Then the devil took him to the holy city, and made him stand on the parapet of the temple, and said to him, “If you are the Son of God, throw yourself down. For it is written: He will command his angels concerning you and with their hands they will support you, lest you dash your foot against a stone.” Jesus answered him, “Again it is written, You shall not put the Lord, your God, to the test.” Then the devil took him up to a very high mountain, and showed him all the kingdoms of the world in their magnificence, and he said to him, “All these I shall give to you, if you will prostrate yourself and worship me.” At this, Jesus said to him, “Get away, Satan! It is written: The Lord, your God, shall you worship and him alone shall you serve.”

Then the devil left him and, behold, angels came and ministered to him.

In other words 

Fr. Gerry E. Paat, SVD (Filipino Chaplaincy, Madrid, Spain)

Time flies so fast. Again, we are on the first Sunday of Lent, a season that invites us to undergo a beautiful process that will hopefully transform us into the image and likeness of Christ. Once again, we are asked to step into the “desert of forty days.” Our Biblical spirituality professor would always remind us that number 40 is very symbolic in the Bible. It is the symbol of transformation.

In the Gospel, we read that Jesus was tempted by the devil while fasting for forty days and forty nights. All sorts of things will also tempt us during these forty days of Lent. Different voices will come from everywhere telling us that this invitation to a transformation process to become better persons and committed Christians is useless. But, like Jesus, it pays to stand firm before these temptations.

Speaking of temptation, I remember a classmate of mine discussing its stages. According to him, the first stage is the temptation itself. The second stage is obsession, and the last stage is possession. These stages make the acronym TOP—temptation, obsession, and possession. I believe he has a point. Sometimes we are not aware that we are already being tempted until we give in to it. When repeated many times, it becomes an obsession, and without us knowing it, we are already possessed by a particular vice or sinful habit.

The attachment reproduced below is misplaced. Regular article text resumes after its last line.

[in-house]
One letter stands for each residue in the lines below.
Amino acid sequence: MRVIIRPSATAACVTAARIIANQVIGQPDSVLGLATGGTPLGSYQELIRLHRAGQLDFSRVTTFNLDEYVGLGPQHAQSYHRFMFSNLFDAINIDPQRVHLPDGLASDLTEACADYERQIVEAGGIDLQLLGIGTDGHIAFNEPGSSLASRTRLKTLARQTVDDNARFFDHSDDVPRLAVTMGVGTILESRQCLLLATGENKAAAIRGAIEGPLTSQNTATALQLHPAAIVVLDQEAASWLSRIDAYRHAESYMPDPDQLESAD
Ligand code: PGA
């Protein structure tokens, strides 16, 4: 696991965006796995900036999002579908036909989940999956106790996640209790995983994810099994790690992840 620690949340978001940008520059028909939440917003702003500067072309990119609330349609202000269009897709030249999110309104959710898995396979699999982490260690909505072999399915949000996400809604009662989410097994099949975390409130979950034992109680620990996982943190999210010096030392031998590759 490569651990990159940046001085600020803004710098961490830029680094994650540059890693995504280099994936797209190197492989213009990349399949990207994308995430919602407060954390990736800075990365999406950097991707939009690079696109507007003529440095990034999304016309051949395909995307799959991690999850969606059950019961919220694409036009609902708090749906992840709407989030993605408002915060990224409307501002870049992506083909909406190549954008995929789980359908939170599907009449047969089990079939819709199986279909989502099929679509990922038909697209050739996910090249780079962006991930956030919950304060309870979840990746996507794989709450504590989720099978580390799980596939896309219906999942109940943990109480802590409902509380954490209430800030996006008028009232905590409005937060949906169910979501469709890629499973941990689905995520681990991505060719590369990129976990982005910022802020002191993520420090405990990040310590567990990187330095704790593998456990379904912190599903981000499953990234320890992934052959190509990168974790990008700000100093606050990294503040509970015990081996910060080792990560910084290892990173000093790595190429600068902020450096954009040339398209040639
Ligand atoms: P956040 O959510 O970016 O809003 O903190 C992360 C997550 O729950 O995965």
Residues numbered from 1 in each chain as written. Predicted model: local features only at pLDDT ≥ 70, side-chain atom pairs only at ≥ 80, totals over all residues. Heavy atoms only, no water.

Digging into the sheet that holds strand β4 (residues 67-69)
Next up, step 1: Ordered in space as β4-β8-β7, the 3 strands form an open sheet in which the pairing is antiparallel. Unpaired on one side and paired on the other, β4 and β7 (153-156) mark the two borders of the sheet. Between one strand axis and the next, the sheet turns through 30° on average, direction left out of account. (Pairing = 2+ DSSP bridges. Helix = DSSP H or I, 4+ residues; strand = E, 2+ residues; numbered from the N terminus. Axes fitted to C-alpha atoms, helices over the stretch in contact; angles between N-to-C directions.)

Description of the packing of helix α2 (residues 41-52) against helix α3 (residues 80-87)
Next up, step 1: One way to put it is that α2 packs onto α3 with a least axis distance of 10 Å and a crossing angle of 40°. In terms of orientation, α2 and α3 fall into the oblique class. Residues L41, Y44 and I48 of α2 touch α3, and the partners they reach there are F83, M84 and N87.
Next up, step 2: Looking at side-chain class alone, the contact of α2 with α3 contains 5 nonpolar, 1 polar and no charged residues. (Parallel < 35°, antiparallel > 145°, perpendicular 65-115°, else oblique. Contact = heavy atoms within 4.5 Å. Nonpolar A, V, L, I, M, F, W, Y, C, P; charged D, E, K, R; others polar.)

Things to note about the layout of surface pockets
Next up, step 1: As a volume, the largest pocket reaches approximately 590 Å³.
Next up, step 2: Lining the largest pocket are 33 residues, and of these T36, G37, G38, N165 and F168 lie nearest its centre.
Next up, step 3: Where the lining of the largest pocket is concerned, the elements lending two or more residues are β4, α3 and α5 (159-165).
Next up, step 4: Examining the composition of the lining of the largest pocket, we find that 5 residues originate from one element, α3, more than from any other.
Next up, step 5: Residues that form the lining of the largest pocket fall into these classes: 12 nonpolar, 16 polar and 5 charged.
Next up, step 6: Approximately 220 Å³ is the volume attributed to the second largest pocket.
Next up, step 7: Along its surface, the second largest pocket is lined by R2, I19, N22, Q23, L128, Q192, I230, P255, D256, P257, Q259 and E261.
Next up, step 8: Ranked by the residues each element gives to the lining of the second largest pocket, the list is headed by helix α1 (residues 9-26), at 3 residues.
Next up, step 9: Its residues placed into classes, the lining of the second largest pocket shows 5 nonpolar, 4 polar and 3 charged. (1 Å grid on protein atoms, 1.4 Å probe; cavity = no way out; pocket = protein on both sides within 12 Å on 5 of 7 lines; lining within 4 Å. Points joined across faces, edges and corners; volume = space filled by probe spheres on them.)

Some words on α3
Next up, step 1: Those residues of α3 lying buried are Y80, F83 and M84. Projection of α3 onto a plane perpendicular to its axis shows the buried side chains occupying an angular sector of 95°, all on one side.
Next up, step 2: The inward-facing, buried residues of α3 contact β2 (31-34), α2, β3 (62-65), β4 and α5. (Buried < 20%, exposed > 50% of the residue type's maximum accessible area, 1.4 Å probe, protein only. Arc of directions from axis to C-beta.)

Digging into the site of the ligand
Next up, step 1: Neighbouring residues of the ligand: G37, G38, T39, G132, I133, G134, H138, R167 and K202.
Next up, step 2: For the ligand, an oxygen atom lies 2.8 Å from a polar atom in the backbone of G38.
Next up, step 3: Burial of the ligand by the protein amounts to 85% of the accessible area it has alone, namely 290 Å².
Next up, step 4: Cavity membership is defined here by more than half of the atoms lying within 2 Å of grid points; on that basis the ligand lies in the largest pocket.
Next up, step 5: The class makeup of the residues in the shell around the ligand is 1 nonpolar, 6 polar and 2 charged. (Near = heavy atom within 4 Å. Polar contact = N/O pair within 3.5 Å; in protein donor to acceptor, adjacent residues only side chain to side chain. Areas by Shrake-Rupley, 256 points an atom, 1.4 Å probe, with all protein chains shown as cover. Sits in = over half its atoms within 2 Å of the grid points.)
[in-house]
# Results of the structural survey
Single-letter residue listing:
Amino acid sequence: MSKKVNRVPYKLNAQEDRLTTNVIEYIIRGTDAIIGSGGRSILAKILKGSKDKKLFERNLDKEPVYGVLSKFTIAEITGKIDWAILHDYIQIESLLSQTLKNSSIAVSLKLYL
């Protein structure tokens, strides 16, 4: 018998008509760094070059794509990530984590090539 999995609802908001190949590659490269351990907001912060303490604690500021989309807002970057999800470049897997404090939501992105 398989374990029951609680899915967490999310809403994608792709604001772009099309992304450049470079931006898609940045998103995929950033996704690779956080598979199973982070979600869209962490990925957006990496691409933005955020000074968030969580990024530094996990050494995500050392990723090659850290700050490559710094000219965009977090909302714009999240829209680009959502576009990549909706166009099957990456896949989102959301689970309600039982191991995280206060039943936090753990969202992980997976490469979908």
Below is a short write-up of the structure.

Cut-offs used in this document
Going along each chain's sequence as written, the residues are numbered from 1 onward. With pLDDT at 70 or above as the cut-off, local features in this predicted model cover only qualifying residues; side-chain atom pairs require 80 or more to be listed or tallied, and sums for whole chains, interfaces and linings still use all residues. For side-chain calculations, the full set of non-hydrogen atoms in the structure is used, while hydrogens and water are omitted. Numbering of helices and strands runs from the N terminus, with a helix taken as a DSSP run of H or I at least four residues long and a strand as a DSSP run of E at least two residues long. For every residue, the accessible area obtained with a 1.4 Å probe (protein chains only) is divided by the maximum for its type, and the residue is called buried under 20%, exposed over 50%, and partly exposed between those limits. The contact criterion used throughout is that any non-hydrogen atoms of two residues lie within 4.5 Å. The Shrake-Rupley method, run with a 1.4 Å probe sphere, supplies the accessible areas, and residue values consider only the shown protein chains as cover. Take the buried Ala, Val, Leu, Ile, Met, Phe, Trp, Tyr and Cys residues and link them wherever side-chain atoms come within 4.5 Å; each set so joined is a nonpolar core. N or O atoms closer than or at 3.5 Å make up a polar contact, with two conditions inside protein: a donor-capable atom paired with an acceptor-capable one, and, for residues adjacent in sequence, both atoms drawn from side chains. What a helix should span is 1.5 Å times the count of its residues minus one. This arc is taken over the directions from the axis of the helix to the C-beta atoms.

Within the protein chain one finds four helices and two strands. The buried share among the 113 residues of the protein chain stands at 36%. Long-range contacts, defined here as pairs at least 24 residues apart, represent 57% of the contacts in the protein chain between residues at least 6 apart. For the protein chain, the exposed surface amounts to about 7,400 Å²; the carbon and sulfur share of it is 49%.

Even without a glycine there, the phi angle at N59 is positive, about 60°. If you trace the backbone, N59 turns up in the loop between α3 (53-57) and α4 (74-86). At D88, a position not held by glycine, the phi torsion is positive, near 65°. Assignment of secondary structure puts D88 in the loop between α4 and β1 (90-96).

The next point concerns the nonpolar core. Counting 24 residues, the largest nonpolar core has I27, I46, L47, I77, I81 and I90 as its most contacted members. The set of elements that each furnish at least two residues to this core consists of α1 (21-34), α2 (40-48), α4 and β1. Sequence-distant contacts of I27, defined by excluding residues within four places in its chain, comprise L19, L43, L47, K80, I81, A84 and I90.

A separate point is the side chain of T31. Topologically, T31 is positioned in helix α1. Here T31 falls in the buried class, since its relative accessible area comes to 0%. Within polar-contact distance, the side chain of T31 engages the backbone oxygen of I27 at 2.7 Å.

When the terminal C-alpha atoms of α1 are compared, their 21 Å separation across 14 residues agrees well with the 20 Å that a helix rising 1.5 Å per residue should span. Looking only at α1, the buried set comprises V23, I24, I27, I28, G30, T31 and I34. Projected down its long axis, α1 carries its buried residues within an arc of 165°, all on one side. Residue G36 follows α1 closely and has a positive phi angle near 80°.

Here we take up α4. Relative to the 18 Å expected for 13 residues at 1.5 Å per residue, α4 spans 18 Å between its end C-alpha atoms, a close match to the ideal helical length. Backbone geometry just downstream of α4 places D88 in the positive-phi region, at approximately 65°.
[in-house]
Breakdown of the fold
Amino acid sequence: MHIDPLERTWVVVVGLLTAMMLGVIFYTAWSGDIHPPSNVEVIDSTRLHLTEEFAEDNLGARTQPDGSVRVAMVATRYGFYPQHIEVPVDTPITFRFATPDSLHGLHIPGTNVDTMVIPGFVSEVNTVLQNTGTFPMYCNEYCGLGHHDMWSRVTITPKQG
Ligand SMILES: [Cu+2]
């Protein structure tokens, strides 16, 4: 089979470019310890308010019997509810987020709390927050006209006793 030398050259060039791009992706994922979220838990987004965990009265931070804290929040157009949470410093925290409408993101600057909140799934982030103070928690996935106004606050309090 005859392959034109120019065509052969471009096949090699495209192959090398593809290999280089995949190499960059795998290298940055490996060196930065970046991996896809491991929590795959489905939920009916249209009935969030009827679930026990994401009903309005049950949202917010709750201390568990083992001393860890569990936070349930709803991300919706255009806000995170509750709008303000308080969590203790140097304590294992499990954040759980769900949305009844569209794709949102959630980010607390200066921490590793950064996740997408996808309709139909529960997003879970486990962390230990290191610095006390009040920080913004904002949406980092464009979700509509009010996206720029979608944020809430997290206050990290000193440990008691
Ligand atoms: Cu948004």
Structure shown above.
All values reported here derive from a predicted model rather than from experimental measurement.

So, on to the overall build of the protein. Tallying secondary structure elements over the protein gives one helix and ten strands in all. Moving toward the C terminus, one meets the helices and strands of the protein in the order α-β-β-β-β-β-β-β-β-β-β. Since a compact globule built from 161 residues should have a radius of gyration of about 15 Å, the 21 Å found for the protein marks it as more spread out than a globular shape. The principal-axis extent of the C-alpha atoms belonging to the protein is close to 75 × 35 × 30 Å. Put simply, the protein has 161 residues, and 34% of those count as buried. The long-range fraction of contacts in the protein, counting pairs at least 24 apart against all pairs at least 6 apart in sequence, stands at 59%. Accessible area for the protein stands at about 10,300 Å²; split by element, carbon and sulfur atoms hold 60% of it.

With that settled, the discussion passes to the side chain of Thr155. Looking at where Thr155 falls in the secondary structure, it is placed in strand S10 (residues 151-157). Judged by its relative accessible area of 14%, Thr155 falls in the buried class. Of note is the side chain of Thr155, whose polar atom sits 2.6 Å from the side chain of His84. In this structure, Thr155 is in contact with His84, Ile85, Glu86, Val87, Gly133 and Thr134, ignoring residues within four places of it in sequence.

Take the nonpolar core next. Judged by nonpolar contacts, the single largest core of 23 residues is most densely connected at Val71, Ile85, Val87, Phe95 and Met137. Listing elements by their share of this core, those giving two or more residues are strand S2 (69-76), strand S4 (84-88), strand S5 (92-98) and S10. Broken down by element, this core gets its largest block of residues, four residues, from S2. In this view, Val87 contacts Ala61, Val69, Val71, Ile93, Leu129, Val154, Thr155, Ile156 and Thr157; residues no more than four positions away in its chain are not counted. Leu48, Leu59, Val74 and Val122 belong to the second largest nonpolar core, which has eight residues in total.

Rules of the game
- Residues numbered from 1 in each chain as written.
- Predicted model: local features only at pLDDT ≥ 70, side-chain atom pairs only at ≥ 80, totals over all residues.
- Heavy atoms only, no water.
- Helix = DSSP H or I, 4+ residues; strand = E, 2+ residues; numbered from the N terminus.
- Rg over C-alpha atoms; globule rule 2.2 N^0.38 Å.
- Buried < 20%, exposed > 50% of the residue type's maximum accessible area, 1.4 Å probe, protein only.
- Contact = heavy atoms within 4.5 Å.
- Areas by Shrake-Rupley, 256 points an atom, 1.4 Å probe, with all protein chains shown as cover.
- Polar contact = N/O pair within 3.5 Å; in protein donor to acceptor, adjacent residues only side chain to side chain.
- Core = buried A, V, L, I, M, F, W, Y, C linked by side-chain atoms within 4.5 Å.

May we find inspiration from the example of Jesus in our Gospel today. Though he was tempted several times, he did not give in. He stood his ground. He was focused on his purpose and mission in life. He defeated the very source of temptation.

There is a story about a little boy who received a new toy car from his godparent. Once he unboxed it, he went out right away and enjoyed playing with his new toy car in their yard. But all of a sudden, he lost control of his toy and it got stuck between two giant boulders. In his frantic effort to recover his toy, he tried to push the big boulders, but the big stones did not move an inch. When his father came out of the house and saw what he was doing, he asked him, “What happened, son?” The little boy replied, “I am trying to push these boulders so I can recover my toy.” The father asked him again, “Have you used all your strength?” “Yes, I am already perspiring,” replied the little boy. But the father said, “Not yet, son. You have not used all your strength. Because if you have already used all your strength, you should have called me and asked my help.”

Let us have the humility to accept that we are only human. At times we do not know how to resist and overcome temptations. Let us ask the assistance of God so that we can resist all temptations that would hinder us from becoming the persons that God wants us to be, especially during this season of Lent.